This paper evaluates the capability, compatibility, and usability of Hardware-in-the-Loop platforms for DC-DC converter. This was accomplished by interfacing the platforms with a physical power stage as well as a controller. The employed platforms are Hi-Rel Power-pole board, Texas Instruments Digital Controller, RTDS, OPAL-RT, dSPACE, and Typhoon. Two sets of experimentation were performed: the power stage represented by the Power-pole board, RTDS, OPAL-RT, dSPACE, and Typhoon and the controller replaced by TI DSC, RTDS, OPAL-RT, dSPACE, and Typhoon. Three points of evaluation for a testing platform that are of interest to industrial researchers as well as academia are capability (speed or modeling capacity), compatibility (ease of porting models from other platforms), and usability (ease of use of software and hardware). This paper provides an introductory resource for research and education by providing results of a simple buck converter example.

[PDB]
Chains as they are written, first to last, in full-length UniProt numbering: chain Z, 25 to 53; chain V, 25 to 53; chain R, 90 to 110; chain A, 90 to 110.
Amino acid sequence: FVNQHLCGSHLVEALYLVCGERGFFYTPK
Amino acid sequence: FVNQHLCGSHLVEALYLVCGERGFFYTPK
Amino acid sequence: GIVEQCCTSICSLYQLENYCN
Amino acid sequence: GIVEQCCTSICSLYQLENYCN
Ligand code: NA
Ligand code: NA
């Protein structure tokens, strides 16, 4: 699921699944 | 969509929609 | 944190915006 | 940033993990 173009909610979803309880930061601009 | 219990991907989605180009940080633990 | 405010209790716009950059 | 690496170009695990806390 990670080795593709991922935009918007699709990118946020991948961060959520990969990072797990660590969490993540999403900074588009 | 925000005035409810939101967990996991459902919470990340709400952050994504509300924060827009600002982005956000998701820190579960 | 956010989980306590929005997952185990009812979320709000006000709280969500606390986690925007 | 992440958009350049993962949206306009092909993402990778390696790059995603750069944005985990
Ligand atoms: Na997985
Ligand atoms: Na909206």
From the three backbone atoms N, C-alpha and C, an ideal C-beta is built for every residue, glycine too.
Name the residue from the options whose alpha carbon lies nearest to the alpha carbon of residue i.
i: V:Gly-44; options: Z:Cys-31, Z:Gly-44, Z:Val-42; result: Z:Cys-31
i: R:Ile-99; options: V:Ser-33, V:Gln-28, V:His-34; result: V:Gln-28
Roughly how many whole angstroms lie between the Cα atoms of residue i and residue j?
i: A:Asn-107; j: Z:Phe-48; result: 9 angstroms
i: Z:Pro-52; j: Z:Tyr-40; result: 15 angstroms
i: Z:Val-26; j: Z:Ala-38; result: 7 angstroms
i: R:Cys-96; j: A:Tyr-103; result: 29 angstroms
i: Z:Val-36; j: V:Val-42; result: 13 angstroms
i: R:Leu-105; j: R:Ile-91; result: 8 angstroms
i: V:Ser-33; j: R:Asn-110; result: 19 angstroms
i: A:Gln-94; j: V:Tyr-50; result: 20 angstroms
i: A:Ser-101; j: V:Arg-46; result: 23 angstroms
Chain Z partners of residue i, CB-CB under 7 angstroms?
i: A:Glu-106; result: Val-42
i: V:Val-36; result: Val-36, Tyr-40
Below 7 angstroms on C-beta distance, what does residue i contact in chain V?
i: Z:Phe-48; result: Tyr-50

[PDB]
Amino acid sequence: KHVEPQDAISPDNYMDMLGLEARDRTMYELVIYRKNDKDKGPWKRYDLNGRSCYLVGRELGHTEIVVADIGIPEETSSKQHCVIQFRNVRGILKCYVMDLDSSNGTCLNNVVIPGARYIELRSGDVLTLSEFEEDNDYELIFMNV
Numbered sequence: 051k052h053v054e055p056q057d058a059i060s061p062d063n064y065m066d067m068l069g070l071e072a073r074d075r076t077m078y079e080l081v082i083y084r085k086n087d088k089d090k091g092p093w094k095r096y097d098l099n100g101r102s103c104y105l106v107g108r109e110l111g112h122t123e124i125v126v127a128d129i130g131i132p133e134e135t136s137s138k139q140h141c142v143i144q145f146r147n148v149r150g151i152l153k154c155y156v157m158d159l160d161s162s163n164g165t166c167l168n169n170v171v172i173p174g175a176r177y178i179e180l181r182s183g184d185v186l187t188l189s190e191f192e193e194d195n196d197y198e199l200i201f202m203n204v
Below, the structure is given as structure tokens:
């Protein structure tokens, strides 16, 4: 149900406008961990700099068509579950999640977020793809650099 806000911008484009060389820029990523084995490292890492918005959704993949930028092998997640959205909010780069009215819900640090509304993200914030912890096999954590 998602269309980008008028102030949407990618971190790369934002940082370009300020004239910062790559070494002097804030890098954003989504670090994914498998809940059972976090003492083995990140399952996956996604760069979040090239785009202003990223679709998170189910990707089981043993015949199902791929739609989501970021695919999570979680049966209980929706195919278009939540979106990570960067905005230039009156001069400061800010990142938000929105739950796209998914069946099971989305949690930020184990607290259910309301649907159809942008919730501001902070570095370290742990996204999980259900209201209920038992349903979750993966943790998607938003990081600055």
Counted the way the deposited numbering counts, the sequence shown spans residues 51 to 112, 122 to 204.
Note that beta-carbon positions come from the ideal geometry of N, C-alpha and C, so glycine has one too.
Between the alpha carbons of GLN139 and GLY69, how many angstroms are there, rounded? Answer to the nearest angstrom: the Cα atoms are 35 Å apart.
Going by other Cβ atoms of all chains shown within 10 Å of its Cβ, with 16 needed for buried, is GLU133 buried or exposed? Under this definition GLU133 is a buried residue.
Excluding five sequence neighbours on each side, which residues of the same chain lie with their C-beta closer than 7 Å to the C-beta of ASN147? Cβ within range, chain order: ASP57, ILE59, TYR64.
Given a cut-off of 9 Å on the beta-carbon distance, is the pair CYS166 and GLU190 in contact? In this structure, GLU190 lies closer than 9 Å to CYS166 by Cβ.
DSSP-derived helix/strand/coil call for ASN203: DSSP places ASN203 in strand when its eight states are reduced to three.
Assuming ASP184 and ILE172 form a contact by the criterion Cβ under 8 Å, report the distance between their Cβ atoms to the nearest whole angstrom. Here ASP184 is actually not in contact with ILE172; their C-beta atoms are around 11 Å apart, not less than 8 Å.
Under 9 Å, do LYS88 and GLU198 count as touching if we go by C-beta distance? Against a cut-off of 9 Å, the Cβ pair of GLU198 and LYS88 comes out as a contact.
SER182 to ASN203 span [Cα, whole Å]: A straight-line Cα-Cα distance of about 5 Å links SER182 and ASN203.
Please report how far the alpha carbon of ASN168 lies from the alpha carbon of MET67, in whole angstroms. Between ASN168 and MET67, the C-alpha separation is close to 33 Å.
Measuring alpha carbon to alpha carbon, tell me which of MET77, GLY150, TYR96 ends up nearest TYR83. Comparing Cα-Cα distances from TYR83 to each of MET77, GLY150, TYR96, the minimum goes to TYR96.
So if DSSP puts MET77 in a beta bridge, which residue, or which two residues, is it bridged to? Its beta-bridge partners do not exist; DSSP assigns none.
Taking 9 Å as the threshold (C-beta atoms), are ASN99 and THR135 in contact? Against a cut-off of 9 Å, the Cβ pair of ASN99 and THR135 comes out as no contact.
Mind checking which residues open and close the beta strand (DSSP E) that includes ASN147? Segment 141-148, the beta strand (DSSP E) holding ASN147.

Multiple unit of PFC converters can be utilized for better power quality in the residential applications. It is important to set proper amount of reactive power contribution from each unit of PFC converter to reduce power loss and increase stability. To set the referenced amount of reactive power contribution for each PFC converter, a dynamic supervisory controller is necessary. In this paper, a wireless based supervisory controller is introduced to mitigate the problem. Multiple unit of unidirectional bridgeless ac-dc boost PFC converters were used as reactive power resources in a smart home application. The supervisory controller is comprised of a discrete Proportional-Integral controller and distributor which sets the reactive power references for each PFC converter. The controller was designed based on the systems identification method. The controller was designed and simulated considering different communication delays. In the ideal condition, the system had no communication delay. However, actual practical system had some reasonable delay. The effect of the use of supervisory controller was observed for dynamic load changing conditions. The simulation was done by using SIMULINK. Reactive power consumption from grid becomes 0VAR within 0.25 second for ideal condition. However, for the actual condition this become 9.35 seconds.